Wells’ explanation is a good example of the informal logical fallacy known as “pettifogging,” where one raises a smoke screen instead of dealing directly with the material. But this is not the same as explaining these historical references to the earthly ministry of Jesus. We may not like what the texts state, but we cannot thereby cause Jesus and his contemporaries to disappear from recent history simply by this type of reductio ad absurdum.

For reasons such as these, New Testament scholars, with virtually no exceptions, recognize the clear meaning of the texts that indicate that Jesus was a contemporary

9 Some scholars favor interpreting “on the third day” in 1 Cor. 15:4 in other than literal terms. For an in-depth explanation and critique of such an option, see William Lane Craig, Assessing the New Testament Evidence for the Historicity of the Resurrection of Jesus (Lewiston: Mellen, 1989), pp. 94–115. However, it should be noted carefully here that, in spite of the serious problems with such interpretations, and regardless of the view one takes, Wells would still have other major problems. As we have seen, Paul personally spoke to Peter and other apostles, and most of the 500 witnesses were still alive when Paul wrote. Additionally, Paul also knew James, the brother of Jesus. It is not surprising that it is clear to the vast majority of interpreters that Paul thought of Jesus’ appearances as having occurred very soon after his death and certainly contemporaneously with his own life.

10 Wells, “Was Jesus Crucified Under Pilate?” pp. 24–25; also Did Jesus Exist?, chapter 5.

11 Matt. 12:46–47; Mark 3:31–32; Luke 8:19–20; John 7:5. 12 Antiquities20:9.1.

of Paul and the other apostles, having lived recently. While Paul’s epistles do not contain myriads of details about the life of Jesus, there is no reason to claim that he was largely uninterested, either. An impressive compilation of facts concerning Jesus and his ministry, learned from persons who knew him best, can be built from the epistles of Paul alone.^13 Since Wells recognizes Paul’s major epistles as the earliest and most crucial material here, this information militates against his skeptical position.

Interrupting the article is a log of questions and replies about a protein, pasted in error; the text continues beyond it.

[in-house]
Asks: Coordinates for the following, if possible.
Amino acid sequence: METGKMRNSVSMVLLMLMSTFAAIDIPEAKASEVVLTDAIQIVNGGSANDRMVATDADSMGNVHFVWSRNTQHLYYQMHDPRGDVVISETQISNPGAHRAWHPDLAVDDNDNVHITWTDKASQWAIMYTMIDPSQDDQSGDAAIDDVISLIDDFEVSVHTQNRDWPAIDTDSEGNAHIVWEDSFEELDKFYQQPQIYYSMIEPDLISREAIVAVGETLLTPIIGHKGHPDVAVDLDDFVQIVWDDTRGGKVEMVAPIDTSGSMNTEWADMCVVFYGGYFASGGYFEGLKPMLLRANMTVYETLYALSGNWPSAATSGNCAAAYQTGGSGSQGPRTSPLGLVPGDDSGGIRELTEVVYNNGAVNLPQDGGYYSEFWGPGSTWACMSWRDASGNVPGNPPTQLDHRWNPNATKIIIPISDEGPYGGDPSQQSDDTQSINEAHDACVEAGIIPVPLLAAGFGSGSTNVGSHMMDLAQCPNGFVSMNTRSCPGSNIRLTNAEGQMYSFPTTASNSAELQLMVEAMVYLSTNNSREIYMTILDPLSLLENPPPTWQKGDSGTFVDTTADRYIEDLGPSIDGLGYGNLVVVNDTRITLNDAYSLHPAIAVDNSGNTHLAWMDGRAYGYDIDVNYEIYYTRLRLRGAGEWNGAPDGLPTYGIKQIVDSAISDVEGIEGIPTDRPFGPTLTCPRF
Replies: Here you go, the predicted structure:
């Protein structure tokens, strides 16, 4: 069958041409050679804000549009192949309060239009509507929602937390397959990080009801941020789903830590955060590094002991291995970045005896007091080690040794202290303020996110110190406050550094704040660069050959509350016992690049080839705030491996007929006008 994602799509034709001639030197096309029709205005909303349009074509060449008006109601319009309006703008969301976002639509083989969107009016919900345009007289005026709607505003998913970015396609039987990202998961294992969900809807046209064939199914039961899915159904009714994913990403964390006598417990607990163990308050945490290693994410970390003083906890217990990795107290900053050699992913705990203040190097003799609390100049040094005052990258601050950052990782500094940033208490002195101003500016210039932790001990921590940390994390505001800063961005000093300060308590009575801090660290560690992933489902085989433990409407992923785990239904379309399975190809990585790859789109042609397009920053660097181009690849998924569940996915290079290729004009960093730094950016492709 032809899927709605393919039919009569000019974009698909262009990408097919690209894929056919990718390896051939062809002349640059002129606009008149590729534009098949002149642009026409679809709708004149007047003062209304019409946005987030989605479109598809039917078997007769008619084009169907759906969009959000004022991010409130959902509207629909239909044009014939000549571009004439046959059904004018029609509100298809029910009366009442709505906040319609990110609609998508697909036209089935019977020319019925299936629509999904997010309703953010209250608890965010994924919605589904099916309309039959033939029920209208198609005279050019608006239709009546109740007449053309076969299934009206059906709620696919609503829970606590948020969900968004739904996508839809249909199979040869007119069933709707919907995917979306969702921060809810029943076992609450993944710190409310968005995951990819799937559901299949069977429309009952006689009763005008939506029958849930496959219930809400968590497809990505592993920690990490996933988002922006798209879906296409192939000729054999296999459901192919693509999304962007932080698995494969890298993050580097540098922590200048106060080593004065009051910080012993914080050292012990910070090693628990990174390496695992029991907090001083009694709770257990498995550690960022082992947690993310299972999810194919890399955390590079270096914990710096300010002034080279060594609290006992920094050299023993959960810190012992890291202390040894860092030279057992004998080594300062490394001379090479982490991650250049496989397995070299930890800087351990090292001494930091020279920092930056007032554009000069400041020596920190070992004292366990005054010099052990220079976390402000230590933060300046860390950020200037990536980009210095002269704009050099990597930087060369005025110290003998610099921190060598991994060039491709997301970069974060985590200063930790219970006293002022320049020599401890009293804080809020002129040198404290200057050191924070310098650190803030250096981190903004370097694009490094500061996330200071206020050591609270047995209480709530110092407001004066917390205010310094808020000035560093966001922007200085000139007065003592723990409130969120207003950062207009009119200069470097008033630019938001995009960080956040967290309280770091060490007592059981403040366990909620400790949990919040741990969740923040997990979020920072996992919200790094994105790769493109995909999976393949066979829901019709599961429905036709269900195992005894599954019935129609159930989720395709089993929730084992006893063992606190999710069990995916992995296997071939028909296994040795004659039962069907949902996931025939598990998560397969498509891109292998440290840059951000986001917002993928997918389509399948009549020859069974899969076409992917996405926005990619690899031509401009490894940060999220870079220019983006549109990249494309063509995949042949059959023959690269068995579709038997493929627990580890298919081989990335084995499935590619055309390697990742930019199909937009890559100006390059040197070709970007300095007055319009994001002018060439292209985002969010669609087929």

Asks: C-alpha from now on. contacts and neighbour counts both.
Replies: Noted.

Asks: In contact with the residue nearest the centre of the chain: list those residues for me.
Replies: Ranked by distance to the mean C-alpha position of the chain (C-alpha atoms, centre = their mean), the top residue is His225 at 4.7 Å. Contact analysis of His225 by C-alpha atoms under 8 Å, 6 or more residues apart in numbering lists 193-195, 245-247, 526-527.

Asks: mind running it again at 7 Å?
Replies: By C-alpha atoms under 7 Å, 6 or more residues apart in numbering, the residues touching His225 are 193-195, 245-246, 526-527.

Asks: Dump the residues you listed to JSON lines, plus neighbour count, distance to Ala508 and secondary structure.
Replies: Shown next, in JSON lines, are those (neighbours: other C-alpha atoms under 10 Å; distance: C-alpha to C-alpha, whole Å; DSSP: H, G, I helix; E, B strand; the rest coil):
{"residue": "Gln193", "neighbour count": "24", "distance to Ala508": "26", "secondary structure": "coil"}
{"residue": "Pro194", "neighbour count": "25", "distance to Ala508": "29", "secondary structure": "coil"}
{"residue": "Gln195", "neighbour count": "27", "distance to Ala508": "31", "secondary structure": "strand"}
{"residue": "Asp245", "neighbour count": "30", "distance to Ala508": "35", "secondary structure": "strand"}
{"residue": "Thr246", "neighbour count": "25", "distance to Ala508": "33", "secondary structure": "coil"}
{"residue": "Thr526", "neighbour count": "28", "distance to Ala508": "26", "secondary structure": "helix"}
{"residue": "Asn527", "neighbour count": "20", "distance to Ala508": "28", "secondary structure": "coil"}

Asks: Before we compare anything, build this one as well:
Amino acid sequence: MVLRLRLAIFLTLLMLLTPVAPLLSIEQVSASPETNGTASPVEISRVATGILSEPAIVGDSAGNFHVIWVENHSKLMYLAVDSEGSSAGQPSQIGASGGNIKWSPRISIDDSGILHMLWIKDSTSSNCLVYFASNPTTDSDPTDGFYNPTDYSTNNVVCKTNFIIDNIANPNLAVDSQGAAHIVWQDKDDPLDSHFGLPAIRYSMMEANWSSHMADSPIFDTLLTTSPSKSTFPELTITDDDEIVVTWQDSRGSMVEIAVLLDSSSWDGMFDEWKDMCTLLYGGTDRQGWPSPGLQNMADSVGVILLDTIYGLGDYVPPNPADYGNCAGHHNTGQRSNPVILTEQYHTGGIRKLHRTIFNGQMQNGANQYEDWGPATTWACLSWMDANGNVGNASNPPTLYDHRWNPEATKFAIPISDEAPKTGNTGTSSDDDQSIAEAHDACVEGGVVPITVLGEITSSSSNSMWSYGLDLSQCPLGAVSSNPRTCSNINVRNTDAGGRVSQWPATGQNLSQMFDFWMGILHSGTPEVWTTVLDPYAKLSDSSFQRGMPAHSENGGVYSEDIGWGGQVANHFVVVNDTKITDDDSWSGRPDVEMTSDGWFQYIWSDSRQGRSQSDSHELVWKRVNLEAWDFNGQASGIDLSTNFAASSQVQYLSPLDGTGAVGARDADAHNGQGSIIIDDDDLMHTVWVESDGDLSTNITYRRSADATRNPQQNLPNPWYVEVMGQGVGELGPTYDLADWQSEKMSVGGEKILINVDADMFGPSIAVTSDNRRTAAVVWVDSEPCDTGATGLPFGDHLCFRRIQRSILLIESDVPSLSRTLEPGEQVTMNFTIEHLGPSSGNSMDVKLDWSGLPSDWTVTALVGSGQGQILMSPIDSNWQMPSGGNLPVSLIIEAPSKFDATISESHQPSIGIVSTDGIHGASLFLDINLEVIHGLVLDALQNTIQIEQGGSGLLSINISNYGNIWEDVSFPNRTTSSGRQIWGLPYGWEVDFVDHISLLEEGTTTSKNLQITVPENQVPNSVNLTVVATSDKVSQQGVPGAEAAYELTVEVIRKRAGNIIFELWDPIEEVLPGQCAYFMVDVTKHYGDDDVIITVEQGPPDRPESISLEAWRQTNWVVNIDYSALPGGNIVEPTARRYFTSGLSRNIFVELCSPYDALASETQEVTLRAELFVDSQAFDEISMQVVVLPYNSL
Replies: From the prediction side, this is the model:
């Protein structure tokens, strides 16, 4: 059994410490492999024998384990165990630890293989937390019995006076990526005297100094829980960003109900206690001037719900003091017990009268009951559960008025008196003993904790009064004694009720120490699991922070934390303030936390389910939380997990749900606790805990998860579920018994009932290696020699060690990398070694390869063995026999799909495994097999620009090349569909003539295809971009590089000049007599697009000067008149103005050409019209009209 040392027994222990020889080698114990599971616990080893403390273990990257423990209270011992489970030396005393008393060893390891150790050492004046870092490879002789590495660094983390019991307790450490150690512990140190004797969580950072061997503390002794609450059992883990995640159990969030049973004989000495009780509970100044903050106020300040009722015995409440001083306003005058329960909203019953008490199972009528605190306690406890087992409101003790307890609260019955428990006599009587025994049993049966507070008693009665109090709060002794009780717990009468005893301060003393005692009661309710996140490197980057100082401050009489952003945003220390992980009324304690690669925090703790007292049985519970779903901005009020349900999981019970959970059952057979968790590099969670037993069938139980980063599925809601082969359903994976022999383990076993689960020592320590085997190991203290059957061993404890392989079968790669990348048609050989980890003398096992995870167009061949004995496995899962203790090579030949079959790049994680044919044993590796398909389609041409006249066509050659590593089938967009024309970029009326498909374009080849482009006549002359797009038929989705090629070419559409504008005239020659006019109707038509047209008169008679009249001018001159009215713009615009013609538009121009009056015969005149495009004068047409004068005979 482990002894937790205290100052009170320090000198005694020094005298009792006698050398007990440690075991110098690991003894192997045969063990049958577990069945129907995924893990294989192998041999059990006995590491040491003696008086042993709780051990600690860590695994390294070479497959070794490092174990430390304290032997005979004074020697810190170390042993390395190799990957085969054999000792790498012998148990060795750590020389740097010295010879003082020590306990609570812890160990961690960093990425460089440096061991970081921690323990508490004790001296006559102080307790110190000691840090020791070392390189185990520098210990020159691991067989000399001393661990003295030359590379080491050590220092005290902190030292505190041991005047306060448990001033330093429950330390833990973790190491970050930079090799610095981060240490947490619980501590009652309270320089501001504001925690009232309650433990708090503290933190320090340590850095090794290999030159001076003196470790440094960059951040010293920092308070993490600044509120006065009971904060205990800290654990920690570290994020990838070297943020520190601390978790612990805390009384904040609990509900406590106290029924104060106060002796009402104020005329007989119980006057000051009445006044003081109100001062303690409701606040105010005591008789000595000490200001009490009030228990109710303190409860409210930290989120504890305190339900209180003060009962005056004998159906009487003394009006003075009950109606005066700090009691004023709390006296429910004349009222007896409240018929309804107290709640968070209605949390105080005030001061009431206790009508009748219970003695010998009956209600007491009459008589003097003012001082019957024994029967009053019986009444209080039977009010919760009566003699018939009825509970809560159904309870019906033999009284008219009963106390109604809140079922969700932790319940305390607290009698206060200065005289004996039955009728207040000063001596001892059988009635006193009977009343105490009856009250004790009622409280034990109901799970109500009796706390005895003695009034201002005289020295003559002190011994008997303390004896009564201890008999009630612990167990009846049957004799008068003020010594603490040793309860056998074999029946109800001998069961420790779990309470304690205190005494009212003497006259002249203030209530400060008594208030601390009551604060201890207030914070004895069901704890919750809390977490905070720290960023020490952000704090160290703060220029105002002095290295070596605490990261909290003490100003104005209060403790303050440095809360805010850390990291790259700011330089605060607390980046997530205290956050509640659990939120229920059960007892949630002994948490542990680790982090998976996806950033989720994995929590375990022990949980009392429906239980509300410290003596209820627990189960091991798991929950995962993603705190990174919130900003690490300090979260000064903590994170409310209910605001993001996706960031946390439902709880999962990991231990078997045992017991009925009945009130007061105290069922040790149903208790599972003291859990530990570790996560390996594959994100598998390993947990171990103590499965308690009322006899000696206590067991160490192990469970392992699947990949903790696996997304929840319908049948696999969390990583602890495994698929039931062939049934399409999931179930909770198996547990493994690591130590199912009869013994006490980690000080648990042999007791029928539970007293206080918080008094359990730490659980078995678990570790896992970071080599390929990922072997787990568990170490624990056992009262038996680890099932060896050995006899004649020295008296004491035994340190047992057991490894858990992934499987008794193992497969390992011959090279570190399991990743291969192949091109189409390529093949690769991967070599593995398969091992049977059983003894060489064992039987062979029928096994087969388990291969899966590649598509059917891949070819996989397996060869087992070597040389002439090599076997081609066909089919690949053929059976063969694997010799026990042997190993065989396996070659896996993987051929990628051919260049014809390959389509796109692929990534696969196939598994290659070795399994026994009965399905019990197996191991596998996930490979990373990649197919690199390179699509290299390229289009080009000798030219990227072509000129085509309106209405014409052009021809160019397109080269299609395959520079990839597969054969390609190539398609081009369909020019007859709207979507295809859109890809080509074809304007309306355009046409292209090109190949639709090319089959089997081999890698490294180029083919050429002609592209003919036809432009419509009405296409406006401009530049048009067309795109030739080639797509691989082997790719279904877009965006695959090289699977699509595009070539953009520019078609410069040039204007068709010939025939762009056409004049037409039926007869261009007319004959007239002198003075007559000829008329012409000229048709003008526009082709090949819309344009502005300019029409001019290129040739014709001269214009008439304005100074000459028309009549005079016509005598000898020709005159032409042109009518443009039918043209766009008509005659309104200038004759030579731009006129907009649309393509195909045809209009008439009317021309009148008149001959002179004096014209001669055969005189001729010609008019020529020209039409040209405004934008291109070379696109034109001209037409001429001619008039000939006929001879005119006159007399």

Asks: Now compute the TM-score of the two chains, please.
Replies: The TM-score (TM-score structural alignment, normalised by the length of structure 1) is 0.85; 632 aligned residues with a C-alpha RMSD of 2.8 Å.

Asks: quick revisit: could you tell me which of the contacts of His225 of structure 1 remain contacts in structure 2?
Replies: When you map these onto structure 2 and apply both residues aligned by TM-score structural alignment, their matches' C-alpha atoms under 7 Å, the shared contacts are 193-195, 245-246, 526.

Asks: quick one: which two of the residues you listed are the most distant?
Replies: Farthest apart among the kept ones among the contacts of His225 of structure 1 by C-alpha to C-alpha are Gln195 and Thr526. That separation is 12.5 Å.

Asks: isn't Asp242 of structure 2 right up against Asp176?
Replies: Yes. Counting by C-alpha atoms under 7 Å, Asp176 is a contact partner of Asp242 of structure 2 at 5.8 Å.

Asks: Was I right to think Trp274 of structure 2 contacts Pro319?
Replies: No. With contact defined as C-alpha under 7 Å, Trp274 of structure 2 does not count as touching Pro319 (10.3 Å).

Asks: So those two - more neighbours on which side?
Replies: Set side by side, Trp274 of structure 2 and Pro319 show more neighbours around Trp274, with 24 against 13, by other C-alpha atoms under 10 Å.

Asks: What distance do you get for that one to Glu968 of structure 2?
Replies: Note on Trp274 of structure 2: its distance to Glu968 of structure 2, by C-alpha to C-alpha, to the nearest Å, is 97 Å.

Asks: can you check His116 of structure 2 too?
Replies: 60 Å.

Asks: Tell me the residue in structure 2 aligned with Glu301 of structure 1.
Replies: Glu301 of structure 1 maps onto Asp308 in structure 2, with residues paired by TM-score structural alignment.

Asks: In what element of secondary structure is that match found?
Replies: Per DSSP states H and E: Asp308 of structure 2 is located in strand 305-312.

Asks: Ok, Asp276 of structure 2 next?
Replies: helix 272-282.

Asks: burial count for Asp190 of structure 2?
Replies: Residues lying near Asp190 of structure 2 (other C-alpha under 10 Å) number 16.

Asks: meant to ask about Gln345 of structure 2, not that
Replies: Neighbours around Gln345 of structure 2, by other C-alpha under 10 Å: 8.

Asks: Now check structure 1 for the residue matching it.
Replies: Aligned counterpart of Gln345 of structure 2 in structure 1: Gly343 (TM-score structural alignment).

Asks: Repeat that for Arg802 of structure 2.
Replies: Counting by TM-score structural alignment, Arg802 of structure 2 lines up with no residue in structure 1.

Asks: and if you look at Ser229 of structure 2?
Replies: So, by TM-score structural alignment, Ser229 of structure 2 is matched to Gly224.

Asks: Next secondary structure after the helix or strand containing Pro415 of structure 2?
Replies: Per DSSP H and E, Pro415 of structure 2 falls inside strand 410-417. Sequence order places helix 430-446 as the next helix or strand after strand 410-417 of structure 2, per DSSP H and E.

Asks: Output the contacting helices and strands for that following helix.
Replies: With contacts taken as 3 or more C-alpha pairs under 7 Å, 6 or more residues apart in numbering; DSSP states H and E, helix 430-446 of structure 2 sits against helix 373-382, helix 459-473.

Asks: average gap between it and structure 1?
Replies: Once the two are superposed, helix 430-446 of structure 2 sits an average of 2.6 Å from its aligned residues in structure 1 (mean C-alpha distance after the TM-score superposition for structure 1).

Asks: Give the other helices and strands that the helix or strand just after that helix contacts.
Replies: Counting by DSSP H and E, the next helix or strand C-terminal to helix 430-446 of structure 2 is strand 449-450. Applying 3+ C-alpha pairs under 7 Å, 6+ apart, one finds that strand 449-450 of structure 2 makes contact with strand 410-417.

3.Ancient mystery religions

The third major problem with Wells’ approach concerns his usage of the ancient mystery religions to explain the early Christian worship of Jesus. Such a reliance on the development of legends was a popular thesis late last century, but has been dismissed today by the majority of researchers, and for good reasons.

The basis for two serious problems with the legend theory has already been mentioned above. Paul’s use of the creed in 1 Corinthians 15:3ff. reveals that the proclamation of Jesus’ death and resurrection was both early and dependent on the reports of eyewitnesstestimony. Thus an adequate account must be made of the report of reliable witnesses that they actually saw Jesus alive after his death. Pannenberg concludes: Under such circumstances it is an idle venture to make parallels in the history of religions responsible for the emergenceof the primitive Christian message about Jesus’ resurrection.^14 In other words, that it was Paul and the other apostles who had these actual experiences rules out legend as the cause for the resurrection, since the original teaching concerning Jesus’ appearances is based on real eyewitness experiences of something that was seen and not on later legends. These experiences require an adequate explanation.